Purpose: Refractory status epilepticus (RSE) is the persistence of seizure activity despite appropriate therapy; it is treated with high-dose suppressive anesthetic agents. We report here the outcome of RSE in a large series of children.
Methods: We retrospectively reviewed cases of RSE treated at Children's Hospital, Boston, between 1992 and 2000. Factors evaluated included age, history of seizures or neurologic impairment, etiology, outcome, including mortality or return to baseline, and initial EEG findings.
Results: Twenty-two patients ages 4.5 months to 18 years were admitted to the intensive care unit for RSE. All were treated with high-dose suppressive therapy consisting of pentobarbital, midazolam, propofol infusion, or high-dose phenobarbital, either alone, or in combination, for < or =146 days. The overall mortality was seven of 22. Mortality was related to etiology, age, and EEG findings. No death occurred in the remote symptomatic group, and three of four younger than 3 years died, whereas only four of 18 older than 3 years died. The mortality rate among patients with focal abnormalities on the EEG was lower than that among those with multifocal or generalized abnormalities. None of the children with normal premorbid neurologic status returned to baseline.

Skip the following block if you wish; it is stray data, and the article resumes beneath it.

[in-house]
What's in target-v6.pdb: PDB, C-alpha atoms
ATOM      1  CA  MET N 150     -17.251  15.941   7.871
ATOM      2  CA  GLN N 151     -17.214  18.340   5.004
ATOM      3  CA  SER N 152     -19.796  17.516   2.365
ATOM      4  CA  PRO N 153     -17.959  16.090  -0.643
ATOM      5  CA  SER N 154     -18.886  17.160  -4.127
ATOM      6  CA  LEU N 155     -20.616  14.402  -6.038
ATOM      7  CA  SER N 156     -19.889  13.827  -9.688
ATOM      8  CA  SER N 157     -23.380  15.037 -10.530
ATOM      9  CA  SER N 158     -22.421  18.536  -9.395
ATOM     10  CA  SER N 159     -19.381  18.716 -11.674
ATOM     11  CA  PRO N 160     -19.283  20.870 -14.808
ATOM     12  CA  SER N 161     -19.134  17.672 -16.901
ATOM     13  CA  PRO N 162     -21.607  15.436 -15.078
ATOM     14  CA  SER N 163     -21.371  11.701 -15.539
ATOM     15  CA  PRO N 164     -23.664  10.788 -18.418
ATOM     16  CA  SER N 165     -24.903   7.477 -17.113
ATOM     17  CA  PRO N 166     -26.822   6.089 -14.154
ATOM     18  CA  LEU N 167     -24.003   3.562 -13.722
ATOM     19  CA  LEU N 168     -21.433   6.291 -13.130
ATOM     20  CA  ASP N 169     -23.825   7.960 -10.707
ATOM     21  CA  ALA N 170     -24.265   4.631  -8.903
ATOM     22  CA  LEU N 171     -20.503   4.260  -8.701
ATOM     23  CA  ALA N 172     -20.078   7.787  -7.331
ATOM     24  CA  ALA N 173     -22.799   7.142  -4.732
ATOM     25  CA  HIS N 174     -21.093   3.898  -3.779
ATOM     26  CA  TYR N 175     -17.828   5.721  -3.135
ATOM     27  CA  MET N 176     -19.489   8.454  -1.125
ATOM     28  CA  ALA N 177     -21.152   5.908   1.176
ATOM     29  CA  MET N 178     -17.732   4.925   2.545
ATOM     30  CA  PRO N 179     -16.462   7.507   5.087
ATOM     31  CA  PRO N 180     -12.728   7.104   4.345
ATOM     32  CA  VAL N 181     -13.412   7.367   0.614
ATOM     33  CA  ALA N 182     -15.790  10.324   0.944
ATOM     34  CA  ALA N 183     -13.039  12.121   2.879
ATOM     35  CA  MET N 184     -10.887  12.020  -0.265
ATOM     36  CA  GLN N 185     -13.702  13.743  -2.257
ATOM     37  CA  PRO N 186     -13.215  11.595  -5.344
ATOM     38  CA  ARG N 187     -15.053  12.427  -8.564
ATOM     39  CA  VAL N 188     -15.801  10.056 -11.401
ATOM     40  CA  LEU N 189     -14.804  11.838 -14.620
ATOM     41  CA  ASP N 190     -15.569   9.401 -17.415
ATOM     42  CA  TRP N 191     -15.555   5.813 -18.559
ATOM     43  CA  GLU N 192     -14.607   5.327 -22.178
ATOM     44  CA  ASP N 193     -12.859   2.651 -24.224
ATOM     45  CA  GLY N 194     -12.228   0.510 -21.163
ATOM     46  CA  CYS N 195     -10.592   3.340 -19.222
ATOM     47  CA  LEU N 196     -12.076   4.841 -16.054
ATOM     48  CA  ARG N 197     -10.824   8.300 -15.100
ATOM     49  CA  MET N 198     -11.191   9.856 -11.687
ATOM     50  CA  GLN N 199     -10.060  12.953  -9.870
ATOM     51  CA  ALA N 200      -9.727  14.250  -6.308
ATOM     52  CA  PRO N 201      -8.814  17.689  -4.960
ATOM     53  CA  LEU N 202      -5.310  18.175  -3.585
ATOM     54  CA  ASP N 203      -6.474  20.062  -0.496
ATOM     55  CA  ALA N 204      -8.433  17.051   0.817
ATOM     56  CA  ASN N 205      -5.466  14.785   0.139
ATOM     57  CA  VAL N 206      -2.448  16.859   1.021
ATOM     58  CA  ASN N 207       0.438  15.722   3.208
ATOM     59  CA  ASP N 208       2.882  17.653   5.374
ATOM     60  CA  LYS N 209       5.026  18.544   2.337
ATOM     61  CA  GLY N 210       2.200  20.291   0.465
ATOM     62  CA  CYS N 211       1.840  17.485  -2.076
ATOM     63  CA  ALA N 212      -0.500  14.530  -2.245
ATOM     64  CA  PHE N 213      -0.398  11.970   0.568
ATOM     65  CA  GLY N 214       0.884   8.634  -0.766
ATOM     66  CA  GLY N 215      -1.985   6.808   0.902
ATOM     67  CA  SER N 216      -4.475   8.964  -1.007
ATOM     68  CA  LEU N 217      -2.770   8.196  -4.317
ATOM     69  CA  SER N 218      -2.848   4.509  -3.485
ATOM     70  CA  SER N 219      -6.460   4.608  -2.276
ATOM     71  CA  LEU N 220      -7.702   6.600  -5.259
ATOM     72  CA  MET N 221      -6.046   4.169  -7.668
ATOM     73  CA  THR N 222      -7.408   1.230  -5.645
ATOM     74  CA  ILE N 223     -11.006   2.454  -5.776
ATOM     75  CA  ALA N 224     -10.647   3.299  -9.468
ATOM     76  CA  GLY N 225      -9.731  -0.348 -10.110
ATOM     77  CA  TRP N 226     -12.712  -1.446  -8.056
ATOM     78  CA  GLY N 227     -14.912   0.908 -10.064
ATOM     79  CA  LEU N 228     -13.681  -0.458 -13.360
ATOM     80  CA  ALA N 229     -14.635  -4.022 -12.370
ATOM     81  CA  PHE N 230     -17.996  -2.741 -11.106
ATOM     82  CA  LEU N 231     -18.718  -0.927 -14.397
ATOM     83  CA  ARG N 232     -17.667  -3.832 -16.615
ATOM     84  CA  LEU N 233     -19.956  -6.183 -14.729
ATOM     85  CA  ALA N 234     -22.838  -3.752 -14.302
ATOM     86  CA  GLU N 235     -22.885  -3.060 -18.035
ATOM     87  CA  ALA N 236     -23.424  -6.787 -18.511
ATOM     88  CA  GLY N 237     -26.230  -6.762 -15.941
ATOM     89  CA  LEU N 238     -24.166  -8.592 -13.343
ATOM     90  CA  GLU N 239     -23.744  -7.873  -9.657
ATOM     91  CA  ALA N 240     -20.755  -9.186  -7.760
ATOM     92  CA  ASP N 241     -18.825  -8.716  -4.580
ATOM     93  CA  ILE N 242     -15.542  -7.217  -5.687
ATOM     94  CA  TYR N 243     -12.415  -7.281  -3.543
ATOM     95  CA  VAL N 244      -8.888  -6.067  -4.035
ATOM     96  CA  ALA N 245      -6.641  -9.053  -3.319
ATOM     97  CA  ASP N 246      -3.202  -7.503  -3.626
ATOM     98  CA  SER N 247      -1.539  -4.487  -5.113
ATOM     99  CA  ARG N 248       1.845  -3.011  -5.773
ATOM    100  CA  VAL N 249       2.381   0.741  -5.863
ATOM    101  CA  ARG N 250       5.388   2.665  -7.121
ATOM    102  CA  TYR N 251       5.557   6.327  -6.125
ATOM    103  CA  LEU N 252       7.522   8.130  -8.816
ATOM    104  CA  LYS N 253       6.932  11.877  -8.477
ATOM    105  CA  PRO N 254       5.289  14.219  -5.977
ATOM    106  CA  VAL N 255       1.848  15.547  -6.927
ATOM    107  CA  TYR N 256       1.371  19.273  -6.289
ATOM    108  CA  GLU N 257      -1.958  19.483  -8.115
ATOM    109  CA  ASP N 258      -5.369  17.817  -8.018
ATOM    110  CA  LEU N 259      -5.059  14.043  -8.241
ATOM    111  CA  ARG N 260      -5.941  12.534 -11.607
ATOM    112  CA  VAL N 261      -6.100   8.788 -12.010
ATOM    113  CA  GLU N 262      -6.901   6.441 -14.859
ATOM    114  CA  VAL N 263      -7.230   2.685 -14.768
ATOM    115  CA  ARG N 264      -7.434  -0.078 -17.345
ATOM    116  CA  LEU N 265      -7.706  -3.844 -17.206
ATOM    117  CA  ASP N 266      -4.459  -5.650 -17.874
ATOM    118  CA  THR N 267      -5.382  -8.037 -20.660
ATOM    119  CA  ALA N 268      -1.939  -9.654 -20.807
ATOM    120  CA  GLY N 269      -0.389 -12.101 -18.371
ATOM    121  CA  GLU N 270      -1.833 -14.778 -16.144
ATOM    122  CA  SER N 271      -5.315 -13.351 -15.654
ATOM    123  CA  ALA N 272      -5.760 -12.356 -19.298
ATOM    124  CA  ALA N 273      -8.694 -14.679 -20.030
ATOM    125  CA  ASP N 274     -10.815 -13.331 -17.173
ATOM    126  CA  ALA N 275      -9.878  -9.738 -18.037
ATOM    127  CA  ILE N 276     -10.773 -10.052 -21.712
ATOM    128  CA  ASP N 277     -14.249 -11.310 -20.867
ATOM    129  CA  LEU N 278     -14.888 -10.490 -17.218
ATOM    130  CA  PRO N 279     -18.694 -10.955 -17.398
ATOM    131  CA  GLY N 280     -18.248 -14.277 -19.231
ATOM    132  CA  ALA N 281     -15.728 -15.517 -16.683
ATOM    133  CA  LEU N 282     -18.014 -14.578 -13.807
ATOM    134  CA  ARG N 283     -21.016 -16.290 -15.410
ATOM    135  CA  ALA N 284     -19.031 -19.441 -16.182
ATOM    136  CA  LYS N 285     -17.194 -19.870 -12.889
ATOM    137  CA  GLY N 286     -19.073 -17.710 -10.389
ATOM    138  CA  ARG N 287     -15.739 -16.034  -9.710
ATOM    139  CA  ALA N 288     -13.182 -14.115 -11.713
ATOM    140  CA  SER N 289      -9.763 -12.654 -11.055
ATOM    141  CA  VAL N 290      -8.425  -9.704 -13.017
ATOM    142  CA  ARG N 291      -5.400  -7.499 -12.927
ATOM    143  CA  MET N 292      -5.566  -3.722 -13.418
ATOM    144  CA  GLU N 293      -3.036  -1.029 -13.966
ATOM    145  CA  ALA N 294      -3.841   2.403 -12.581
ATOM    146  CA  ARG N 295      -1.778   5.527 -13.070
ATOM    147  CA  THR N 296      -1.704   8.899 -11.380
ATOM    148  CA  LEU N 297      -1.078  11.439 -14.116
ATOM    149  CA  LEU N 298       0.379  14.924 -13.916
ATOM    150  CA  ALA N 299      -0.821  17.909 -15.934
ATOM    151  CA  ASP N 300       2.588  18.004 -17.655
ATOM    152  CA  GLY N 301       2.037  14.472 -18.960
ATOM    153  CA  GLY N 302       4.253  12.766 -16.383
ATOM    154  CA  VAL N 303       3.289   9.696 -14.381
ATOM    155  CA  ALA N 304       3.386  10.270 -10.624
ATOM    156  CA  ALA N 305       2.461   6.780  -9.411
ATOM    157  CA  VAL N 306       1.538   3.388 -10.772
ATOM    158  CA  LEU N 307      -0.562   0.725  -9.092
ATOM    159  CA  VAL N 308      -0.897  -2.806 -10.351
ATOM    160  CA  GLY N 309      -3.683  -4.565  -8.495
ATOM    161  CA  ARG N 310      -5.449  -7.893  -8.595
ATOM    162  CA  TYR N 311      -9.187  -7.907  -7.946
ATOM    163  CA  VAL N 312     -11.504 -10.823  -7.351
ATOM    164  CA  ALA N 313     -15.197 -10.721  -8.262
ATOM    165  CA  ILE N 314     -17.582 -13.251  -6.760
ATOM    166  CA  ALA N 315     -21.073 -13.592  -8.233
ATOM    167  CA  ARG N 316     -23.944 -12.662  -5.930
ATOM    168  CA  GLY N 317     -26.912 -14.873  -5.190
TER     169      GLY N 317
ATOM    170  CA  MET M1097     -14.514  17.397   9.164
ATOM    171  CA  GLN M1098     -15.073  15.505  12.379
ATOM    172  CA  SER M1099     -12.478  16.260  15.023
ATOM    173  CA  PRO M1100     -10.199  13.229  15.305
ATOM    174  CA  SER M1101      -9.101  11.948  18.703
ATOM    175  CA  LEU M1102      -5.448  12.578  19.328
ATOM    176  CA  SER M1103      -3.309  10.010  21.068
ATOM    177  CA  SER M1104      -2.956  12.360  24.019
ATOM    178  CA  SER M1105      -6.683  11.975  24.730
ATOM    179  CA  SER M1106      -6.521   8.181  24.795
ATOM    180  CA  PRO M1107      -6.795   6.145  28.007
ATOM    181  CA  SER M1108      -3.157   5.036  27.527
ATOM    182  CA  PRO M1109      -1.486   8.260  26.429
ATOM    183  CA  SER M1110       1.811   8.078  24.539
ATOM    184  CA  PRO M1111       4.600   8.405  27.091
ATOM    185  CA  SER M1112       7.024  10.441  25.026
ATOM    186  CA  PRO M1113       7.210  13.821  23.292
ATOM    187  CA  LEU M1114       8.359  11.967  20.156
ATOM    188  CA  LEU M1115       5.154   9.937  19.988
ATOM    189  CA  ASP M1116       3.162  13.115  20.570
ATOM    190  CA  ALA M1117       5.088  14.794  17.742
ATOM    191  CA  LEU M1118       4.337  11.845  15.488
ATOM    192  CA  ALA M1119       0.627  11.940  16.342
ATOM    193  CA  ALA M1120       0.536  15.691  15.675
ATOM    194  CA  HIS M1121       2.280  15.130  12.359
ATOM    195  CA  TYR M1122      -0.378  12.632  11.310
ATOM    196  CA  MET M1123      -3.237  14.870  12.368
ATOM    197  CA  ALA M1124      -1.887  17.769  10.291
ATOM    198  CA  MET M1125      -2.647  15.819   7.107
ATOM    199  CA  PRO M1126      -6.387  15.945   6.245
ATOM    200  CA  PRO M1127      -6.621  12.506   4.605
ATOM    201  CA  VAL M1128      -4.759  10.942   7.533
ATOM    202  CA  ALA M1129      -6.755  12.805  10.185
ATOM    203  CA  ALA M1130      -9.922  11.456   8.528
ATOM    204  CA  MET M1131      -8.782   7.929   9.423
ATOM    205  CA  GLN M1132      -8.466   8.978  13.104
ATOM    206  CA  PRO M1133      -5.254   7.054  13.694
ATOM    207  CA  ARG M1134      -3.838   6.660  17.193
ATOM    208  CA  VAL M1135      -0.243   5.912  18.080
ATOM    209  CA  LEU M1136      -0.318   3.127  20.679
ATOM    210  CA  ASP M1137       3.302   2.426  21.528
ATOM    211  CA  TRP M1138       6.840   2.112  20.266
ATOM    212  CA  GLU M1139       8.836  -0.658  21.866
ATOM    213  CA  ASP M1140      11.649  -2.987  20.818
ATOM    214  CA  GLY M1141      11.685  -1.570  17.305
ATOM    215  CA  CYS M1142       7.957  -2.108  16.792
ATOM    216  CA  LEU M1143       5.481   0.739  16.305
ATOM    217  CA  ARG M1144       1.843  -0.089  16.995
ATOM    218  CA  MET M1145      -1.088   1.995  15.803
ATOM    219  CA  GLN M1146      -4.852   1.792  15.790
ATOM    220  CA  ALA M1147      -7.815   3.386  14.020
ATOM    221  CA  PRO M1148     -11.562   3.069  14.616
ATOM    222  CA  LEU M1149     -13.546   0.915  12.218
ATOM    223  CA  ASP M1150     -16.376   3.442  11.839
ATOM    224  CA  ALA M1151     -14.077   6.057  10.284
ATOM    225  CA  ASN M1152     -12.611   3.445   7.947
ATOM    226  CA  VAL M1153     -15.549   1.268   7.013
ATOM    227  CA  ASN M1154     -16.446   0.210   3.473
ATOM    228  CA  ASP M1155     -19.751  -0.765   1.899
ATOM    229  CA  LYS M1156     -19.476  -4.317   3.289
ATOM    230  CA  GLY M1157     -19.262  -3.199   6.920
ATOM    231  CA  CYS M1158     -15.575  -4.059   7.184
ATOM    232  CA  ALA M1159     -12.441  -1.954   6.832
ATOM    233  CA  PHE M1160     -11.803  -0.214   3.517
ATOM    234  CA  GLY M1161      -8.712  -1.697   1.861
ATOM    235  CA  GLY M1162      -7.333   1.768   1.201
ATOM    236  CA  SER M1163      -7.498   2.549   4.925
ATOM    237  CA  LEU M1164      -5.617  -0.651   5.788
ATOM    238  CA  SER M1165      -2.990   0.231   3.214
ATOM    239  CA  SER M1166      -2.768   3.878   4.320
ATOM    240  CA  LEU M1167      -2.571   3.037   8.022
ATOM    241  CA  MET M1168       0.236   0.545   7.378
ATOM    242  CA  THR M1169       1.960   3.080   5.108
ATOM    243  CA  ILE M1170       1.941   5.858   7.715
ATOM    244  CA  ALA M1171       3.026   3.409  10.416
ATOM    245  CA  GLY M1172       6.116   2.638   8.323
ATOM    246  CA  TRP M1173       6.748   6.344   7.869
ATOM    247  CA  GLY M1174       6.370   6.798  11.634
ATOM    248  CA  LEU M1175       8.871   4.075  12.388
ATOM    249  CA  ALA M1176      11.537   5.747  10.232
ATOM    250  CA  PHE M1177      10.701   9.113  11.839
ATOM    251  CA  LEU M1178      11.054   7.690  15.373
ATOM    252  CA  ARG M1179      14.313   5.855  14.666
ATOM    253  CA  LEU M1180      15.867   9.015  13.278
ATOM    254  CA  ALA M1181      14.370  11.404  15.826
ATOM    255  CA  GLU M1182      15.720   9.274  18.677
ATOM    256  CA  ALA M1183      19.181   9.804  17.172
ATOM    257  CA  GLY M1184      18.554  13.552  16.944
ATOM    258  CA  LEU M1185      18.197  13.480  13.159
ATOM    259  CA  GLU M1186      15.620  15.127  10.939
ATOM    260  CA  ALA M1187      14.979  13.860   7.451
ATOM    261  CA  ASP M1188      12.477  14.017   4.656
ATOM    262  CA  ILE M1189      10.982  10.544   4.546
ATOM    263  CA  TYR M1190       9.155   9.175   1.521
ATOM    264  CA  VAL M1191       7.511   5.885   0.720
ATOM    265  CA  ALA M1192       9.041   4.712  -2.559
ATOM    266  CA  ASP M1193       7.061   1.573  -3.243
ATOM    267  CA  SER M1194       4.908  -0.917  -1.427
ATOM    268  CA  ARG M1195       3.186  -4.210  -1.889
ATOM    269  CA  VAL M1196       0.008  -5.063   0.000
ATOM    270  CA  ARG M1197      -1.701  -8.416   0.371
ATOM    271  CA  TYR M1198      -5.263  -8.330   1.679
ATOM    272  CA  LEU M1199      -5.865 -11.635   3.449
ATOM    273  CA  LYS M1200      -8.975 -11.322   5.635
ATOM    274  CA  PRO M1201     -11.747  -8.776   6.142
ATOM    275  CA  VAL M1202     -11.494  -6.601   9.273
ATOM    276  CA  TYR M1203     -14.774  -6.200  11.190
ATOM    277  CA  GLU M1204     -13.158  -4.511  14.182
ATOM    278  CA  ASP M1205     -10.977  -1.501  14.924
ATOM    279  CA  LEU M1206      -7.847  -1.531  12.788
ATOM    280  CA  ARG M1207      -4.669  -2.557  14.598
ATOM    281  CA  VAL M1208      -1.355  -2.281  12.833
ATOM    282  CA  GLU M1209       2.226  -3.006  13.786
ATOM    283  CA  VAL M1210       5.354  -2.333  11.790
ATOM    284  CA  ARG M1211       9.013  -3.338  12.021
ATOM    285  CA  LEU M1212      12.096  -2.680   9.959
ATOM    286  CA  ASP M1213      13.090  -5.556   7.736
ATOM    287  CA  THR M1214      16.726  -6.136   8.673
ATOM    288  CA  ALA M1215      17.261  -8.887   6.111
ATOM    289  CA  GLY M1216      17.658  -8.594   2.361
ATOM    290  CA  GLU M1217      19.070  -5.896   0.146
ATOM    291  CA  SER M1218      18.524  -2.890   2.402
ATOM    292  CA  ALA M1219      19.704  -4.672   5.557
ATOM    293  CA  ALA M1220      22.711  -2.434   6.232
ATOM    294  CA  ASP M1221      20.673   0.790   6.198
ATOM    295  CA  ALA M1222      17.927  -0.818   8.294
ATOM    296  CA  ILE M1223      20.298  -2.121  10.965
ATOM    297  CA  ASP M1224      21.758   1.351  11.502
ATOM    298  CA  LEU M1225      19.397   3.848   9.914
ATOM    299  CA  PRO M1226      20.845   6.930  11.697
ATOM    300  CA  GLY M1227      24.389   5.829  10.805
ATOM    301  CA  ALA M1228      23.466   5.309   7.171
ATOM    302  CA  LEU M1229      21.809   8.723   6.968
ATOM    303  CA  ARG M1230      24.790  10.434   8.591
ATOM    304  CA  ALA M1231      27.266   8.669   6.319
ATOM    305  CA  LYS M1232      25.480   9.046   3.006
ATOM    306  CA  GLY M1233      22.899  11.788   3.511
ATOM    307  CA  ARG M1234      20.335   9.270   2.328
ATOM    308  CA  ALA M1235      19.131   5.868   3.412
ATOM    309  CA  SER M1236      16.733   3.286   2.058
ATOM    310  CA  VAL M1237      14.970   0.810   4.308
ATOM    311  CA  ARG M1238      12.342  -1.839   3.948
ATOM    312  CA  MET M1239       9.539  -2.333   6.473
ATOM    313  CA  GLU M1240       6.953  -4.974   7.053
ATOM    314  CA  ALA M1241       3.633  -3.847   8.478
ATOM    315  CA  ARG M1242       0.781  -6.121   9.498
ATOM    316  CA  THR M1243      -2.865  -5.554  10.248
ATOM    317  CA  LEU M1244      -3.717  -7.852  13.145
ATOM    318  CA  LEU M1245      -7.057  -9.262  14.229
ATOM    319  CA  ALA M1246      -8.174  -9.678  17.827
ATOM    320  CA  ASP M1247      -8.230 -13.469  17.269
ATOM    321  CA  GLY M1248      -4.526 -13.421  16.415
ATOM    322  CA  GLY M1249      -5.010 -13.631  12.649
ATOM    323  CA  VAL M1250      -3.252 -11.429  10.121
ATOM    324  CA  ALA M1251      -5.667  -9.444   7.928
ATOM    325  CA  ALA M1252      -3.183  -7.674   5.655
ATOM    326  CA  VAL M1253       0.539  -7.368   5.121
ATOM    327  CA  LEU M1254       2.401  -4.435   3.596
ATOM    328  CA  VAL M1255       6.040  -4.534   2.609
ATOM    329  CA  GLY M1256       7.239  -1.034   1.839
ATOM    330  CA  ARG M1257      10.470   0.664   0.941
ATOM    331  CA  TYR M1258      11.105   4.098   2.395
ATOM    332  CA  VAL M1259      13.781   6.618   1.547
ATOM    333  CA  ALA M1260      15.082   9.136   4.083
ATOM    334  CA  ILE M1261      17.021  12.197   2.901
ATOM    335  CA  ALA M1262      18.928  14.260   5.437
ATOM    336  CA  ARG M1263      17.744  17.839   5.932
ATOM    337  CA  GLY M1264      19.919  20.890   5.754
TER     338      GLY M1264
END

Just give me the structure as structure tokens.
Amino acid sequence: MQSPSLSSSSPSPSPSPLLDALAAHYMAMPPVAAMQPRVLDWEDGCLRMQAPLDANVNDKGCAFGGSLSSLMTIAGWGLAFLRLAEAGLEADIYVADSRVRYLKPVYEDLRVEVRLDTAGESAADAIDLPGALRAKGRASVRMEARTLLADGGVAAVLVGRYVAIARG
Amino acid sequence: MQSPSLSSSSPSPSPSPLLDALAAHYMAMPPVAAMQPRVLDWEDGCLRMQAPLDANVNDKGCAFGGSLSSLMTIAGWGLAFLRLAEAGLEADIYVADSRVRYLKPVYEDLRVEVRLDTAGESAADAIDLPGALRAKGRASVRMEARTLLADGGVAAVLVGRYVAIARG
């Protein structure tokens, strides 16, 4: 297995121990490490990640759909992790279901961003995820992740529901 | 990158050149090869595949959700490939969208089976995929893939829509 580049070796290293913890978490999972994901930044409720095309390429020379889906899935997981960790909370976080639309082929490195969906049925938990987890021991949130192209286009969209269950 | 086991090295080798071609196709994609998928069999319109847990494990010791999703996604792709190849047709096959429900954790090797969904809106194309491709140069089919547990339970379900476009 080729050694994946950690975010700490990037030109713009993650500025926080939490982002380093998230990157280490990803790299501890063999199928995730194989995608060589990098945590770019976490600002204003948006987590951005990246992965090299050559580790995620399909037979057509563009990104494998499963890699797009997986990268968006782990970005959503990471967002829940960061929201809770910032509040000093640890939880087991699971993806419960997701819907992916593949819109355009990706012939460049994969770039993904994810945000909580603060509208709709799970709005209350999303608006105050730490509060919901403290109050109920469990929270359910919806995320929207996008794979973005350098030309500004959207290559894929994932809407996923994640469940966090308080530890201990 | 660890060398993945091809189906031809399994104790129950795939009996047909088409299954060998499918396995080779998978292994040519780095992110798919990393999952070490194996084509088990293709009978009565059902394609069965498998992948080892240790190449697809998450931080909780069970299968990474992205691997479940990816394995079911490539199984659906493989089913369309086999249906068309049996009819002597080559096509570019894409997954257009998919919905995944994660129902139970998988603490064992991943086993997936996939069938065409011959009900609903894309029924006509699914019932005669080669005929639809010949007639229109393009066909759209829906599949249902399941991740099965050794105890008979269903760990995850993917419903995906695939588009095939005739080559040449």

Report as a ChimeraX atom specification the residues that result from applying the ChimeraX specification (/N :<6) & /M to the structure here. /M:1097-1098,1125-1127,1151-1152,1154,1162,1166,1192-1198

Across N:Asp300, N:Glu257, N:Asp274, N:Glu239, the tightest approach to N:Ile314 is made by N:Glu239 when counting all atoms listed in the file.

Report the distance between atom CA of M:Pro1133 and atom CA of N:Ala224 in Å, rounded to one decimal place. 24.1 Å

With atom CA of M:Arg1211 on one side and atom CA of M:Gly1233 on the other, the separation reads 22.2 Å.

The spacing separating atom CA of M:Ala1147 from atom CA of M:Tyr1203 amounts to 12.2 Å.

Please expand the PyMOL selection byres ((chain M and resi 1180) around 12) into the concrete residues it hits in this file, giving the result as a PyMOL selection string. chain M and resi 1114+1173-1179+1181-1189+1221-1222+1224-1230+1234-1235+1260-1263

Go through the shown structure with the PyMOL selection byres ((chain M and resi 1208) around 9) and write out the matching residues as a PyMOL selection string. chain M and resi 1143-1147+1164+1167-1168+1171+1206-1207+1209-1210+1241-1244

Conclusions: Our data demonstrate a high mortality and morbidity for childhood RSE. Mortality is related to etiology and is higher in younger children and with multifocal or generalized abnormalities on the initial EEG.